Marge Piercy’s eleventh collection of poetry is unusually rich and diverse. These are poems of extraordinary immediacy, strength and humor, poems of deep passions and far-ranging concerns: poems written at mid-life and illuminated by the “available light” of a mature and generous perception.
The mood of the first section, “Joy Road and Livernois,” ranges from the harsh autobiographical honesty of the title poem (“I got out of those Detroit blocks where the air / eats stone and melts flesh”) to the humor of “Eat fruit” and “Something to look forward to” – perhaps the funniest poem on menstruation ever written. In “Hard time,” the author writes of the agony of South Africa; in “Loving the crone,” about the concerns of the aging (“Whenever we weep, if we understand / we may grow like a stalactite longer, stronger”); and in “Daughter of the American evolution,” of our particular place in the general scheme of life.
The poems in the second section, “Slides,” issue directly from the author’s research while writing her most recent novel, GONE TO SOLDIERS, set during World War II. These poems include evocations of the French and English country sides as well as of the battles and suffering that the war brought to them.
The section entitled “Country Pleasures” is composed of the love poetry and nature poetry for which the author is as well known and admired as she is for her feminist poems. “Candle in a Glass” is a section of poems to and for the dead, including the long, powerfully emotional “Burial by salt” the author’s attempt to come to some terms of peace with her father (“I search now through the ashes of my old pain / to find something to praise”).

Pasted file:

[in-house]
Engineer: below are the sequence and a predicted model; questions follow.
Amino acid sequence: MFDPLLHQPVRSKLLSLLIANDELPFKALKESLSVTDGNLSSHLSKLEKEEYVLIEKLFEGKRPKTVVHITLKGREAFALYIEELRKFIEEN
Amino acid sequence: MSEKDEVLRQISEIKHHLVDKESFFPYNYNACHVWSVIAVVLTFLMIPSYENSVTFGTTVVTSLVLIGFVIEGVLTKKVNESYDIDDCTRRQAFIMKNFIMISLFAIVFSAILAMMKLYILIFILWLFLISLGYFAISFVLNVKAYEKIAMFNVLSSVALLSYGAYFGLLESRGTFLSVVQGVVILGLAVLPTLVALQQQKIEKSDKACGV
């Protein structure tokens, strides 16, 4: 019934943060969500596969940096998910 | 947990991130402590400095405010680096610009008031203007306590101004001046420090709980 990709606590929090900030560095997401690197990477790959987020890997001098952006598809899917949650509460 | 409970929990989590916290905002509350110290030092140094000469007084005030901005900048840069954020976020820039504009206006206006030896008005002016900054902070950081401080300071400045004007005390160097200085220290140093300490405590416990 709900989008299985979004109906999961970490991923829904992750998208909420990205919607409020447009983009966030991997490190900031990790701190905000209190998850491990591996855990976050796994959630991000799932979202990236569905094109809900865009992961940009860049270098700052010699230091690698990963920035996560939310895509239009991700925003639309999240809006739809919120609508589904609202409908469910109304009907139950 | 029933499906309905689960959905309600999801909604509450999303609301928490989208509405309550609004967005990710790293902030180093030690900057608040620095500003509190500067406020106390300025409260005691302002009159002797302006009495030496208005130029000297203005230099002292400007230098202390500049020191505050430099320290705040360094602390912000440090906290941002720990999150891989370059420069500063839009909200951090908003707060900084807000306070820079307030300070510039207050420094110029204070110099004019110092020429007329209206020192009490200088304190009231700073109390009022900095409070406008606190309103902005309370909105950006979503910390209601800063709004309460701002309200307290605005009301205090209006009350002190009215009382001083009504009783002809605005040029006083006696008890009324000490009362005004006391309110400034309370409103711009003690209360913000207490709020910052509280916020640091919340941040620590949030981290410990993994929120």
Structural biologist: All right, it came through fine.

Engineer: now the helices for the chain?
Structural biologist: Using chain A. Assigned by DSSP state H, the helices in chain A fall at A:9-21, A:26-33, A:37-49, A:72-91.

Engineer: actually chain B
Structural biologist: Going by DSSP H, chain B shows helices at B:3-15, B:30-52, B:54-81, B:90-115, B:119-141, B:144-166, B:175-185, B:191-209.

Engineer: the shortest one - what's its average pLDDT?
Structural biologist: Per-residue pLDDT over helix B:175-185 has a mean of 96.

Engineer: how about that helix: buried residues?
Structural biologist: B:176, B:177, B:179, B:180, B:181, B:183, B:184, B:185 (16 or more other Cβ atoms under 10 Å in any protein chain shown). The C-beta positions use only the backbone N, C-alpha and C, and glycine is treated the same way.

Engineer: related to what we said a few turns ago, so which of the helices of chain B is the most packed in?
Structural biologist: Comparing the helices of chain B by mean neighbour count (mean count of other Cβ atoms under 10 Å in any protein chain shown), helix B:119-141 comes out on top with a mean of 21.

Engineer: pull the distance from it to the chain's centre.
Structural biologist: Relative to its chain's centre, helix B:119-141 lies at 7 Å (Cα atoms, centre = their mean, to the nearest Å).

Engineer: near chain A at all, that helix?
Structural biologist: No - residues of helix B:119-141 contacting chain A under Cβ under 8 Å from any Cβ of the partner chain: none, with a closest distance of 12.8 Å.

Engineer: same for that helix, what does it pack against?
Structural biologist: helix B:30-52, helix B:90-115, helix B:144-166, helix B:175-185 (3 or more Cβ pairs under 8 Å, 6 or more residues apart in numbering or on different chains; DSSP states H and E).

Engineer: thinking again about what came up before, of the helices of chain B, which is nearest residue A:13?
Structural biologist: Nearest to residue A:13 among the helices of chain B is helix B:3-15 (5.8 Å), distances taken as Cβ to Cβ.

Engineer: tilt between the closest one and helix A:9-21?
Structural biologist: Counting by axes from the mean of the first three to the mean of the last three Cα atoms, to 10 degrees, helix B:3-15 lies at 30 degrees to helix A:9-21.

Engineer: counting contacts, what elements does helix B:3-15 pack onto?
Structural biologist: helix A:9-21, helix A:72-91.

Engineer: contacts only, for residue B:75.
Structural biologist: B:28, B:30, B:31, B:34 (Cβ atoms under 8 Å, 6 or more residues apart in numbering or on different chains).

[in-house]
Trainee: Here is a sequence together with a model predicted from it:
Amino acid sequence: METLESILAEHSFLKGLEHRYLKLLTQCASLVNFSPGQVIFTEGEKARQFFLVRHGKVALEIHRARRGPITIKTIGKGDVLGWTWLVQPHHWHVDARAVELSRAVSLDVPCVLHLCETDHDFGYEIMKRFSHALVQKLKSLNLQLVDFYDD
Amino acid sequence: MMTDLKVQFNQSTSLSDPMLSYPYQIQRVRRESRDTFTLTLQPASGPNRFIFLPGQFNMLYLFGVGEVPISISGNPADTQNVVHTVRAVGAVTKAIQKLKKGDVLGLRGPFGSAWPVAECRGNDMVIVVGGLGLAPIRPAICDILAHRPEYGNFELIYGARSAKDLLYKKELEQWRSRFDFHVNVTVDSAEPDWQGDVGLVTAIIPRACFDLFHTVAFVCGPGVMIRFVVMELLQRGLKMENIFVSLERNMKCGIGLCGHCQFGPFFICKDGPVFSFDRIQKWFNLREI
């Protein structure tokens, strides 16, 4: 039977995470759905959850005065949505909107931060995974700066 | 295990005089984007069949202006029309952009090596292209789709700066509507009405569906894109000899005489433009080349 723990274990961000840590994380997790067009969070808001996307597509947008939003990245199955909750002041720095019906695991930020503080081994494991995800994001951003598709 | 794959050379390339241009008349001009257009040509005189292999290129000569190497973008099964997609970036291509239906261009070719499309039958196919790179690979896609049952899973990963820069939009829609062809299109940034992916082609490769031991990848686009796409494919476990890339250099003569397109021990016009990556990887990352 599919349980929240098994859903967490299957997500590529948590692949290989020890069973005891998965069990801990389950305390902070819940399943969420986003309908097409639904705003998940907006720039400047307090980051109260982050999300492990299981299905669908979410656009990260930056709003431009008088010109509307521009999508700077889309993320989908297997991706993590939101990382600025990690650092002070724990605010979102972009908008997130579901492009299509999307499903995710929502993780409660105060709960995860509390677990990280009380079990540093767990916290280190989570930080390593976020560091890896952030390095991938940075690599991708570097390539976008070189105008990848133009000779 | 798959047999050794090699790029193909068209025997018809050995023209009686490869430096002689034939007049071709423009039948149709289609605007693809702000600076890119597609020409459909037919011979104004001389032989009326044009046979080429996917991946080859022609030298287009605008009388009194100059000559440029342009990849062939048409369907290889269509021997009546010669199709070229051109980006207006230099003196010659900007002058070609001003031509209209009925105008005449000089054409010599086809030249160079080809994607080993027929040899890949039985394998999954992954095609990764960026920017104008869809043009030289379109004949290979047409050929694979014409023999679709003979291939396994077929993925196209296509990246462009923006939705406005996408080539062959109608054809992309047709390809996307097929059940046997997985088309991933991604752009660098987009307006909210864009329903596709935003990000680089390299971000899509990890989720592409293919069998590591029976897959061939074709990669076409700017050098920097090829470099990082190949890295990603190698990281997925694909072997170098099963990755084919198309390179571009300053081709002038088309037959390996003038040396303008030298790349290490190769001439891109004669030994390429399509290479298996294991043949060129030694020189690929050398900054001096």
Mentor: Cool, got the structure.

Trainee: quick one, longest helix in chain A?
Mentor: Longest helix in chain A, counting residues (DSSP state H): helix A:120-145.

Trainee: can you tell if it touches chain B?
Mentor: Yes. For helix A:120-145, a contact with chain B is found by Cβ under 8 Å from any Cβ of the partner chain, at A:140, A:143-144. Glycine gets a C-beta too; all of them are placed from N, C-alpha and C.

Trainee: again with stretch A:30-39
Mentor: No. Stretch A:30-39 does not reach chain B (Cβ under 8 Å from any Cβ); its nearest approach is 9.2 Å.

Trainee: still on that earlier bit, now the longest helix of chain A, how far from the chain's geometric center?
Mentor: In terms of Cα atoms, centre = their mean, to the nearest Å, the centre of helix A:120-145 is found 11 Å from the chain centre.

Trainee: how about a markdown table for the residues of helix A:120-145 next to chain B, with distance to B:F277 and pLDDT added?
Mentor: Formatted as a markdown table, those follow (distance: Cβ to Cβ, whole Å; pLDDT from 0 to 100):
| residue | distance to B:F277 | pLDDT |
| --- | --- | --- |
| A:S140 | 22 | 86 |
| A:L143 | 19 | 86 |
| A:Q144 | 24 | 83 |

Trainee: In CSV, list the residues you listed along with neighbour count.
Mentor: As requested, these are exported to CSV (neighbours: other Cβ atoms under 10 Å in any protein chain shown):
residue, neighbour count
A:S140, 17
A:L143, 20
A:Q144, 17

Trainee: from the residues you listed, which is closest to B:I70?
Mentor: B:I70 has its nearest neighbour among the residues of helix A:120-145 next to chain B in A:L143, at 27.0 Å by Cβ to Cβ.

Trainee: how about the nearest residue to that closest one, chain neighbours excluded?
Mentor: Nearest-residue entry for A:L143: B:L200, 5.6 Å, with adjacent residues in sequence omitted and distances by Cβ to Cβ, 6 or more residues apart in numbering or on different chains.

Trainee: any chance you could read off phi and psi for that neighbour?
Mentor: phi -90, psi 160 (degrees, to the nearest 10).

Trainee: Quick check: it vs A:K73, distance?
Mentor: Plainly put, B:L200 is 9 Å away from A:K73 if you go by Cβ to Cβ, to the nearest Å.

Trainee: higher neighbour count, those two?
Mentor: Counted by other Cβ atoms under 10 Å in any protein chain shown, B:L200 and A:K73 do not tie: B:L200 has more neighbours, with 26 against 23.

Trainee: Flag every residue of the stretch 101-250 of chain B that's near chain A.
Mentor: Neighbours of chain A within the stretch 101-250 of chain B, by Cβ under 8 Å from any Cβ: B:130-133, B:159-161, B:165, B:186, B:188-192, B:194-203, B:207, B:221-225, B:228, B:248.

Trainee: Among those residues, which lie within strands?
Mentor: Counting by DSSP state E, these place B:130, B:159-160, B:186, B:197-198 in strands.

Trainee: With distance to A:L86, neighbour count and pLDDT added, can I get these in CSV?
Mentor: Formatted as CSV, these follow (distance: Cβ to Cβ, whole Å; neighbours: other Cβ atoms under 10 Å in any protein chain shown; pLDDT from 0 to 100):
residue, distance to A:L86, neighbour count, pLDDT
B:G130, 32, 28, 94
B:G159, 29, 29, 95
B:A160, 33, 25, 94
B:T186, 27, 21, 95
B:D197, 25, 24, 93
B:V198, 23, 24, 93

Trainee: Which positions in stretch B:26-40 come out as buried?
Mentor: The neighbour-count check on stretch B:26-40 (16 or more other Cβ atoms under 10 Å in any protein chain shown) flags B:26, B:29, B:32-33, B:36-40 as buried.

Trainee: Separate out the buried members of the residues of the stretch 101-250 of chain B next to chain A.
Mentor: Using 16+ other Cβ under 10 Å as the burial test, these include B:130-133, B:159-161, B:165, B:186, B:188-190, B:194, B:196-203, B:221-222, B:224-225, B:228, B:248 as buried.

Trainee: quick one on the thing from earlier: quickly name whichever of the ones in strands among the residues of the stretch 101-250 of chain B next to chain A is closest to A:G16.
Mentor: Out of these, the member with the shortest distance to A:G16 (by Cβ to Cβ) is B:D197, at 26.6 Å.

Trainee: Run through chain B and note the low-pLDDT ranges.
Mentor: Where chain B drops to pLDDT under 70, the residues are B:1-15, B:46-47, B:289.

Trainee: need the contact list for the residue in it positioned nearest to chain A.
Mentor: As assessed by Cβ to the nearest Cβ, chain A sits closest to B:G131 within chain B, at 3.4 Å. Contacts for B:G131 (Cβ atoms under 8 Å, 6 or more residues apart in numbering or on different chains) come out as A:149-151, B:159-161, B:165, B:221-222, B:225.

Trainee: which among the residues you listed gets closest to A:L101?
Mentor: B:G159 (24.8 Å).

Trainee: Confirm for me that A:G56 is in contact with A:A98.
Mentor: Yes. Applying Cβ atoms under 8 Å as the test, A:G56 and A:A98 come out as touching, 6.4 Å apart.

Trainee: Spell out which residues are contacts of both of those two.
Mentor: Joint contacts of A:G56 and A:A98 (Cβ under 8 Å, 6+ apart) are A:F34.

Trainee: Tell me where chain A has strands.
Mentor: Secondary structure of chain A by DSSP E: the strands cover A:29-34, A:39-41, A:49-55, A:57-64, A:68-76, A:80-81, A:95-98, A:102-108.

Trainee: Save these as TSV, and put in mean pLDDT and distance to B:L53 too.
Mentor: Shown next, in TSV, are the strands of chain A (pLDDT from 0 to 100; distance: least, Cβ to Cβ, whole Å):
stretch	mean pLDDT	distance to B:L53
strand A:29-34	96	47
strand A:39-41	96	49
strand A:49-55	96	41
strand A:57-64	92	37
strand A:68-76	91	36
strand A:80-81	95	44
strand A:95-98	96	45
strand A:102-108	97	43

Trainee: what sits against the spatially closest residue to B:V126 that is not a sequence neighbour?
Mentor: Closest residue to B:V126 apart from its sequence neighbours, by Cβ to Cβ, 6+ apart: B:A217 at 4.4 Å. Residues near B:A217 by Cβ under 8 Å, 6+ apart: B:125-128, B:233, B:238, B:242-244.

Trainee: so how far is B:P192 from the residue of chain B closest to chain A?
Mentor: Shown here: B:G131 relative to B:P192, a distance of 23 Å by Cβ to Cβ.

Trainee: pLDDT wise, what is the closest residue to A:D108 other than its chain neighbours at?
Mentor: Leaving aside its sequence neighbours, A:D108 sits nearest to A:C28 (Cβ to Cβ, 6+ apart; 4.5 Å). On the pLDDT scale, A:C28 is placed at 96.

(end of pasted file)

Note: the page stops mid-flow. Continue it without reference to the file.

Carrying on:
Finally, in “The Ram’s Horn,” the author gives us poems that speak of one particular kind of light: the light that religion – and, in particular, Judaism – sheds on an examined life. Some of these poems have been used as part of Reconstructionist and Reform services, and “Maggid” (a poem that honors those who “let go of every- / thing but freedom, who ran, who revolted, who fought, / who became other by saving themselves”) has begun to be used in Haggadahs.
AVAILABLE LIGHT is one of the strongest and most compelling books of poems that we have had from Marge Piercy.